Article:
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Soviet 'Mata Hari': Story of Bright Life and Tragic Death of Legendary Spy

Soviet ‘Mata Hari’: Story of Bright Life and Tragic Death of Legendary Spy


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The tragic fate of Dutch dancer and a convicted German spy Zelle, more known to the world by her stage name Mata Hari, is familiar to many due to the number of debates and controversies surrounding her story. But few remember another legendary and some say significantly more successful Soviet spy Elizaveta Zarubina.

Born in what is now Ukraine in 1900 under the name Ester Yoelevna Rosentsveig, Elizaveta Zarubina earned her fame as one of the world’s most legendary spies after a number of successful operations in Denmark, France, Germany and the United States. According to accounts of those working particularly closely with the brilliant spy, dubbed by some as the “Soviet Mata Hari”, it was her beauty, intelligence, intuition and powerful charisma that made Zarubina stand above the rest.

In 1928, Rosentsveig underwent training in Moscow and changed her name to Elizaveta Zarubina, after marrying agent Vasily Zarubin. The newly-weds were then sent to work in Denmark and France, while posing as Czechoslovakian business couple. Working under the codename “Vardo”, Zarubina was responsible for creating of number of agent networks, and even recruiting German Gestapo official Willy Lehmann, who provided the Soviet Union with information on the development of an early cruise missile.

Sputnik / Dmitry Chernov

The Order of the Red Star, established by the Decree of the Presidium of the CEC of the USSR of April 6, 1930

In 1941, the couple was sent to the US where Vasily Zarubin served as the first secretary to the Soviet Embassy, while his wife was collecting information on the development of nuclear weapons in the country and even recruited a number of agents working close to the “Manhattan Project”. For this work, she was awarded the Order of the Red Star in 1944 after enlisting a staggering 22 agents in her network.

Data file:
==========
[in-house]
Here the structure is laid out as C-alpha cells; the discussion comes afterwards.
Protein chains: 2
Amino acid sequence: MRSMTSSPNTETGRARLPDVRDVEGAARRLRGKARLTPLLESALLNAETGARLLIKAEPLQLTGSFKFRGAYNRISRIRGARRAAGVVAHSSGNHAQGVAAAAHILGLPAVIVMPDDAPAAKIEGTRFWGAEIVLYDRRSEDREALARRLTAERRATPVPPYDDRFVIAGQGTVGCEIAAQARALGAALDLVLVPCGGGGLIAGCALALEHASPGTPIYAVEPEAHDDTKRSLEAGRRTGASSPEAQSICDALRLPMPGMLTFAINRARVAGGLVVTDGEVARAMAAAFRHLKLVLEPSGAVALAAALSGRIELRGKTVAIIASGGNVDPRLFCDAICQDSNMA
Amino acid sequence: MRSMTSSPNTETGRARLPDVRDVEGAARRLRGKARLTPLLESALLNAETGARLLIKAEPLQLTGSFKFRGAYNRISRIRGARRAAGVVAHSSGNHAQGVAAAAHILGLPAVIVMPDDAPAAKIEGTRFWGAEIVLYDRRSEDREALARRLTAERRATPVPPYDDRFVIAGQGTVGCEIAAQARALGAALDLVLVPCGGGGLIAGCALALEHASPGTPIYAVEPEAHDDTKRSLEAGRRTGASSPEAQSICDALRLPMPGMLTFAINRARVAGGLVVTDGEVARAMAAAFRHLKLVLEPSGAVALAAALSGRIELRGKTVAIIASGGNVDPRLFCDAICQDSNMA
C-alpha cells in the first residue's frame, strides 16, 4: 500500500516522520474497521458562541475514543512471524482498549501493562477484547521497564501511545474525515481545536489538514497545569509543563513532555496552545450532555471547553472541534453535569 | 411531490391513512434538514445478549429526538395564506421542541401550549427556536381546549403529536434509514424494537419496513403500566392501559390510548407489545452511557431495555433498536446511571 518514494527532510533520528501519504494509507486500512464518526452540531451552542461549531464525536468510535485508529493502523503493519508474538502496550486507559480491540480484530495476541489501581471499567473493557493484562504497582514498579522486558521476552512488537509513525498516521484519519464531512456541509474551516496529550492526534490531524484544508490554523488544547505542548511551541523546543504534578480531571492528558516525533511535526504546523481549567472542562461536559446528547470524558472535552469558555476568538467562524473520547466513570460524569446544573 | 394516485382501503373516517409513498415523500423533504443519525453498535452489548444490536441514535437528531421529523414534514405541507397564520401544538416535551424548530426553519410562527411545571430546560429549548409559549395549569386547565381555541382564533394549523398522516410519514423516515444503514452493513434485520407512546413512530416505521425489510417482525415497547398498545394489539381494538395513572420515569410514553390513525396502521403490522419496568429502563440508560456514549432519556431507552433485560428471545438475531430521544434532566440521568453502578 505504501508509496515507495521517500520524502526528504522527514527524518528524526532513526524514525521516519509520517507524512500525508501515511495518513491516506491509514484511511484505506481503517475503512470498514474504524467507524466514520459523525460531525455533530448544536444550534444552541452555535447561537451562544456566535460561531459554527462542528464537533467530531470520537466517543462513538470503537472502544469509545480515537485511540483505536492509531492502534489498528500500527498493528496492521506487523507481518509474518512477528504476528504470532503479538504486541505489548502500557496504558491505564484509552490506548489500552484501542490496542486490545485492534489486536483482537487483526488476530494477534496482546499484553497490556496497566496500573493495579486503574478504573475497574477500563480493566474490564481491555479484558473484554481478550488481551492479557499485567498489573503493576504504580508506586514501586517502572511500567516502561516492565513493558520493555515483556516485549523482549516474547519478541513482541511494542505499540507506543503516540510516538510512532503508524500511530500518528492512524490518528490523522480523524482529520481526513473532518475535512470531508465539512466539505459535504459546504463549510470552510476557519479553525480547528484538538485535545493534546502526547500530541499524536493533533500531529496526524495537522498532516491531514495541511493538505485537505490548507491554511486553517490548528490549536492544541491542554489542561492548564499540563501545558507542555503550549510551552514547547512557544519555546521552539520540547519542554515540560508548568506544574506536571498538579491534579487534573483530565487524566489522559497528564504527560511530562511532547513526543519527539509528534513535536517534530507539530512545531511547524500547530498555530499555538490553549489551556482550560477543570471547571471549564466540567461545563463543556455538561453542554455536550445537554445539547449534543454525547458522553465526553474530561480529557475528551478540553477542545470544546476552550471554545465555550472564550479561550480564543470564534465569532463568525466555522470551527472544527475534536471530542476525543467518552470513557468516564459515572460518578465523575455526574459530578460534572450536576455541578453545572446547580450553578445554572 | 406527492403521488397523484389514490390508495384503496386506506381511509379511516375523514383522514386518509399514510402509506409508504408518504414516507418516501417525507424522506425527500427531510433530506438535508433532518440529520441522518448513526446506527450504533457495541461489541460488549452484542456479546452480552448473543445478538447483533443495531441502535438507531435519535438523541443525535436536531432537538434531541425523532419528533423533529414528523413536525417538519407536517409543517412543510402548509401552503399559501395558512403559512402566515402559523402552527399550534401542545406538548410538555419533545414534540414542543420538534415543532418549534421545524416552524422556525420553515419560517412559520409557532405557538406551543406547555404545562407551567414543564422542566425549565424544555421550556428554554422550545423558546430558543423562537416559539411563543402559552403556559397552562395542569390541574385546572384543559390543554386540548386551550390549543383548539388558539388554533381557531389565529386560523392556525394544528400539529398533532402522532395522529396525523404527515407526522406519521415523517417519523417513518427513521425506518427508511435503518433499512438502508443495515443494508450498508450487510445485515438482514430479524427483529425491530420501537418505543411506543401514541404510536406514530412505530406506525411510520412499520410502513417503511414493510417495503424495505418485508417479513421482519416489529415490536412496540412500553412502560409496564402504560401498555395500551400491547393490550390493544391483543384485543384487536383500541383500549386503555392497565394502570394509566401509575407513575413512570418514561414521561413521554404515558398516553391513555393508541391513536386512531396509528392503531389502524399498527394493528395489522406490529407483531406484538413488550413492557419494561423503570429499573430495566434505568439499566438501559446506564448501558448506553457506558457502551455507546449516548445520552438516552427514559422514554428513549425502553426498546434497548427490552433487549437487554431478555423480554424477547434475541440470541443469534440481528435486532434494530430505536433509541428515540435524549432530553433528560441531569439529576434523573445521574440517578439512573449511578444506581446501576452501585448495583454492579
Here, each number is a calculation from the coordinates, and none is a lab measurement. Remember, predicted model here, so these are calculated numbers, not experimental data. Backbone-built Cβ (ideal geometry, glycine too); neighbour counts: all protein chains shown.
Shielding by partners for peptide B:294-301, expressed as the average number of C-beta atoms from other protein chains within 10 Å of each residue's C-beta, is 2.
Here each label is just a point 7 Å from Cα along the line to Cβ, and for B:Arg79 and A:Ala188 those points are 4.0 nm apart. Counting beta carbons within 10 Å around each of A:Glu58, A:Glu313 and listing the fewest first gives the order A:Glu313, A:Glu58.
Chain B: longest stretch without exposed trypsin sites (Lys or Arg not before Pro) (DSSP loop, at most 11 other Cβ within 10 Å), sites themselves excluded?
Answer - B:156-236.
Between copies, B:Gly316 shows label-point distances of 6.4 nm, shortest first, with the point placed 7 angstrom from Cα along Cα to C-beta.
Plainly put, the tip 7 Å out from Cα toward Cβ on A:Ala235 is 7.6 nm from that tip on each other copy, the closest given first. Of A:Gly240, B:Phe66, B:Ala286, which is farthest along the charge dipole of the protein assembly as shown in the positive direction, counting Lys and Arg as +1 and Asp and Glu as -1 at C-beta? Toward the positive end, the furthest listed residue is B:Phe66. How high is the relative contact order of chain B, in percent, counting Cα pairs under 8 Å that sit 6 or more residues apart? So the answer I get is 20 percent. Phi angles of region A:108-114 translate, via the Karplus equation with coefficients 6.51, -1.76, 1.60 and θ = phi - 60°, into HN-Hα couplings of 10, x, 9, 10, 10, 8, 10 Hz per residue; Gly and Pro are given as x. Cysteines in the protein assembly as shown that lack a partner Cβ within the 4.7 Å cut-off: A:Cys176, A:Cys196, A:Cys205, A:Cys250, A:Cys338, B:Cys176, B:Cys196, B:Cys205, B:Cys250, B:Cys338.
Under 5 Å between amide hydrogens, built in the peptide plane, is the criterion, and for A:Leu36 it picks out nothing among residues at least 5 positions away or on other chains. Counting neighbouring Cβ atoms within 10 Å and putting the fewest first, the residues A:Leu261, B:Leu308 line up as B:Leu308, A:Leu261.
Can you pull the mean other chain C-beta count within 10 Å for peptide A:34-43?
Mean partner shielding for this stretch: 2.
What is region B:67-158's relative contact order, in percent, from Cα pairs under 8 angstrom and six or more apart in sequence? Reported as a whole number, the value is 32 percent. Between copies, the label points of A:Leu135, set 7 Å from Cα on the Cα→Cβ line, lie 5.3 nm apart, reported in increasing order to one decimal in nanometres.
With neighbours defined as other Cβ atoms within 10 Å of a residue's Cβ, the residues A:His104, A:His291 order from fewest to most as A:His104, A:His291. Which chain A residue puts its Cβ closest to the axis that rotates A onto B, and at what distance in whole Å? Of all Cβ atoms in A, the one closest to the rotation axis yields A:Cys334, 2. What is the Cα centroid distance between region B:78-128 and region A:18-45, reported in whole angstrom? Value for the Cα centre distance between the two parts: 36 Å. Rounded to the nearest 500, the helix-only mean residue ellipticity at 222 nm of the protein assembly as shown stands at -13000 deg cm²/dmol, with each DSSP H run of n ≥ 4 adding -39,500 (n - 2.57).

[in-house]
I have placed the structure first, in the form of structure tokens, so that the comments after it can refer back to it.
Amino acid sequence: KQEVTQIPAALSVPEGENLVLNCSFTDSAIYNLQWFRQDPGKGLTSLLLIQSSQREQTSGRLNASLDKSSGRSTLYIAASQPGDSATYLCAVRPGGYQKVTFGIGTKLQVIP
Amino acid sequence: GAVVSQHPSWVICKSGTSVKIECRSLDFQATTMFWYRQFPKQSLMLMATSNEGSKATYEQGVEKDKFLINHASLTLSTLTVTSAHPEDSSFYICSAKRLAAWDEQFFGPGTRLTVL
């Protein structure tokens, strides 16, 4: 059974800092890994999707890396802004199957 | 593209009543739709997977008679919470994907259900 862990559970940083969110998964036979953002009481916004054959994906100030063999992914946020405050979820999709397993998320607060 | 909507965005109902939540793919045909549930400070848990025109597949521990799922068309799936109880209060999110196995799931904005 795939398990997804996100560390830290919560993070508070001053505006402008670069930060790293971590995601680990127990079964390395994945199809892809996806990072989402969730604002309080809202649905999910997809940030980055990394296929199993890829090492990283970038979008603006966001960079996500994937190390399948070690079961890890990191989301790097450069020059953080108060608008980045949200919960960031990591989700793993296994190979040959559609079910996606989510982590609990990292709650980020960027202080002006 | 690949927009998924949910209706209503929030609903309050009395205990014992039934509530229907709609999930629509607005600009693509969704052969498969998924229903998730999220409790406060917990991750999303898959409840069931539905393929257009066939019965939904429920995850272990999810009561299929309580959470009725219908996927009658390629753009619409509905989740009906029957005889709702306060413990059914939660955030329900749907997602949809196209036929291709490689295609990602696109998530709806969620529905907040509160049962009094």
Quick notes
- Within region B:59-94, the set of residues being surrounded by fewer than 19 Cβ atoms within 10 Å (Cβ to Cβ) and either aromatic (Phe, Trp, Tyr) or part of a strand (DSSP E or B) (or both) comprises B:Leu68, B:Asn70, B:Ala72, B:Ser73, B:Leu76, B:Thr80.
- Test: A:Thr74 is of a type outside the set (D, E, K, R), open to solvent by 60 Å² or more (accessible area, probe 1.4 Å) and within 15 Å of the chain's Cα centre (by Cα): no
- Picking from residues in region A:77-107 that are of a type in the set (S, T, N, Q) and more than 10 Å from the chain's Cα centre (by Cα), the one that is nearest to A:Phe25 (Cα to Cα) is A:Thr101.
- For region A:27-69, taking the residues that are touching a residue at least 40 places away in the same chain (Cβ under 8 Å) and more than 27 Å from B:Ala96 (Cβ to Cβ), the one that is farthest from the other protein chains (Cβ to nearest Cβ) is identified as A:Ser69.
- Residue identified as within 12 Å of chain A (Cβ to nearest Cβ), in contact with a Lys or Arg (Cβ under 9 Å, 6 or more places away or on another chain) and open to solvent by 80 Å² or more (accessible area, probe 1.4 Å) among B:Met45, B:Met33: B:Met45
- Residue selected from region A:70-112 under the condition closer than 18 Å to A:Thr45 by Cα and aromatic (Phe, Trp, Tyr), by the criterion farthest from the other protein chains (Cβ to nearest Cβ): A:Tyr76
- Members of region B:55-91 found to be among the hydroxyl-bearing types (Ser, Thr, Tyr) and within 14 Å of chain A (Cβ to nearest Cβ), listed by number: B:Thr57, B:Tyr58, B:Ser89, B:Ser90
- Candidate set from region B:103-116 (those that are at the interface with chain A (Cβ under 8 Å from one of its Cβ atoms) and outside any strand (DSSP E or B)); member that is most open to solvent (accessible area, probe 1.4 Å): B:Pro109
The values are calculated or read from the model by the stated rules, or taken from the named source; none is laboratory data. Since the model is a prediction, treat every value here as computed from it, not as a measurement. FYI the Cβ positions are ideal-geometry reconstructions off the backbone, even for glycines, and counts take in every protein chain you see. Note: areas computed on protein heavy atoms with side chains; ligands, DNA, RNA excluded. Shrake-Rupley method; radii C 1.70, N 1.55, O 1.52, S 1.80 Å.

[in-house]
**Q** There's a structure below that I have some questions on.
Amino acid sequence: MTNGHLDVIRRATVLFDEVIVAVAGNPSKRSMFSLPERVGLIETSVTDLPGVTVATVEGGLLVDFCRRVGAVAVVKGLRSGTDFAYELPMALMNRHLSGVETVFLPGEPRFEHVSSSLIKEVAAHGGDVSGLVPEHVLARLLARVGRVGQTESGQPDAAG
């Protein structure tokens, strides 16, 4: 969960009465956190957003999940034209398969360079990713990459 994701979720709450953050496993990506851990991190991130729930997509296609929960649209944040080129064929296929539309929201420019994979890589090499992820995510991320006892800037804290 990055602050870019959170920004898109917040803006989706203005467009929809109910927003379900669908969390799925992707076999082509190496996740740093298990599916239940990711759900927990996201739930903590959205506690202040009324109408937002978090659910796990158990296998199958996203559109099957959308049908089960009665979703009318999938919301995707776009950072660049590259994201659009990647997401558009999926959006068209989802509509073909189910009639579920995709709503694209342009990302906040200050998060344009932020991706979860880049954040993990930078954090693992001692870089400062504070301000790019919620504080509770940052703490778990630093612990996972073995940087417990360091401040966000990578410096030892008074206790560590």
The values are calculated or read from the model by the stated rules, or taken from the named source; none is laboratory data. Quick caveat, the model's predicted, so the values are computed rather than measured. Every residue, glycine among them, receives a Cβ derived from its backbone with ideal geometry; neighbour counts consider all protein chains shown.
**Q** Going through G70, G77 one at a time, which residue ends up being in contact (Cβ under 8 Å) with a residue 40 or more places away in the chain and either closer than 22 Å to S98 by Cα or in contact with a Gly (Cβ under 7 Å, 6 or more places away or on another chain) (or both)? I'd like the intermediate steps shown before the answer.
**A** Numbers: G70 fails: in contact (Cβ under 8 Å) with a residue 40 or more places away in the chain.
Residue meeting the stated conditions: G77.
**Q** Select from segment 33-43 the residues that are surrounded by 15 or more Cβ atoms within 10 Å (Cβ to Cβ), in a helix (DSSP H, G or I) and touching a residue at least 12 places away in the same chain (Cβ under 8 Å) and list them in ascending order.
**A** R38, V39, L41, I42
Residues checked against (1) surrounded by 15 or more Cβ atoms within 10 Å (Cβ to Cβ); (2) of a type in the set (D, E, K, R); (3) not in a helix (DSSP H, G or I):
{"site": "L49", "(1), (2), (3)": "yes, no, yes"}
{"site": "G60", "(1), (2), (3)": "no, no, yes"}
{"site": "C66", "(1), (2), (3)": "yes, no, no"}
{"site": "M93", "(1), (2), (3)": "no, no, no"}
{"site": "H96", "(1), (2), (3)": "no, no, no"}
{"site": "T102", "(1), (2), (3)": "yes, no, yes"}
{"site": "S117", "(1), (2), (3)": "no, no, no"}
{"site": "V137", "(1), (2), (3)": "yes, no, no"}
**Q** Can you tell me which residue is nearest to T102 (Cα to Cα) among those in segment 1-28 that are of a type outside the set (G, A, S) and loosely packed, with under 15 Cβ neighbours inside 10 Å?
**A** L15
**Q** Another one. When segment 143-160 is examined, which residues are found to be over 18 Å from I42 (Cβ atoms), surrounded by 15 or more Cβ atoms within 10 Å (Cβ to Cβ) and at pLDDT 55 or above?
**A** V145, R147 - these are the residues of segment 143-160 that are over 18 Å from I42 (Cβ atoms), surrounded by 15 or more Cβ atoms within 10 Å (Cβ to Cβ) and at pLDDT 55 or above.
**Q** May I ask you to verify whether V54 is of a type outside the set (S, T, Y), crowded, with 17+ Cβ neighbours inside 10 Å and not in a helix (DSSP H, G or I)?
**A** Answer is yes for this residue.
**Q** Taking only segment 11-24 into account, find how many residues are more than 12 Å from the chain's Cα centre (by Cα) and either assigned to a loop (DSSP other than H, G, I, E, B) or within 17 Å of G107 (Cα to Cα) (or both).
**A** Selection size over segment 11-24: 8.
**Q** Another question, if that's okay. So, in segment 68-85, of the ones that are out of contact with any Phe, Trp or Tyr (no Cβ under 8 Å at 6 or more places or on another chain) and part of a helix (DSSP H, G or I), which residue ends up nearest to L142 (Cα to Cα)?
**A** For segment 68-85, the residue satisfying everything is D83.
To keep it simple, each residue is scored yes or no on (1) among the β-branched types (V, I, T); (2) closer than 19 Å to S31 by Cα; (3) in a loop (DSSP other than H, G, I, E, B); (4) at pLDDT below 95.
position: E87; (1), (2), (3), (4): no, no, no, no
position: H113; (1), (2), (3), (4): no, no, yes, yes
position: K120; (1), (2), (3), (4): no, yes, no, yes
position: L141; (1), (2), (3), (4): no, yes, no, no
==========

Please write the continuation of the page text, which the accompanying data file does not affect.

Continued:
According to the veteran worker of foreign intelligence services, Col. Lev Korolkov, Zarubina was much more successful in this regard than Mata Hari who was convicted of spying for Germany.

“Spy Mata Hari worked ‘for those, for others and for the third’, she was just a dancer, and she ended badly”, Korolkov explained. “Elizaveta Zarubina was an intelligence officer and a highly educated person. Did she use her female charms in obtaining information? Most likely. She was beautiful. Intelligence uses everything that helps to solve the tasks. An agent must be able to establish contact with a person of any social status, gender, age, religion. And it’s up to professionals to decide how to do it better”.

Despite these formidable achievements, Zarubina’s death was a tragic accident – the legendary Soviet agent died in Moscow when exiting a bus and unwittingly fell under its wheels. She was 86 years old.  

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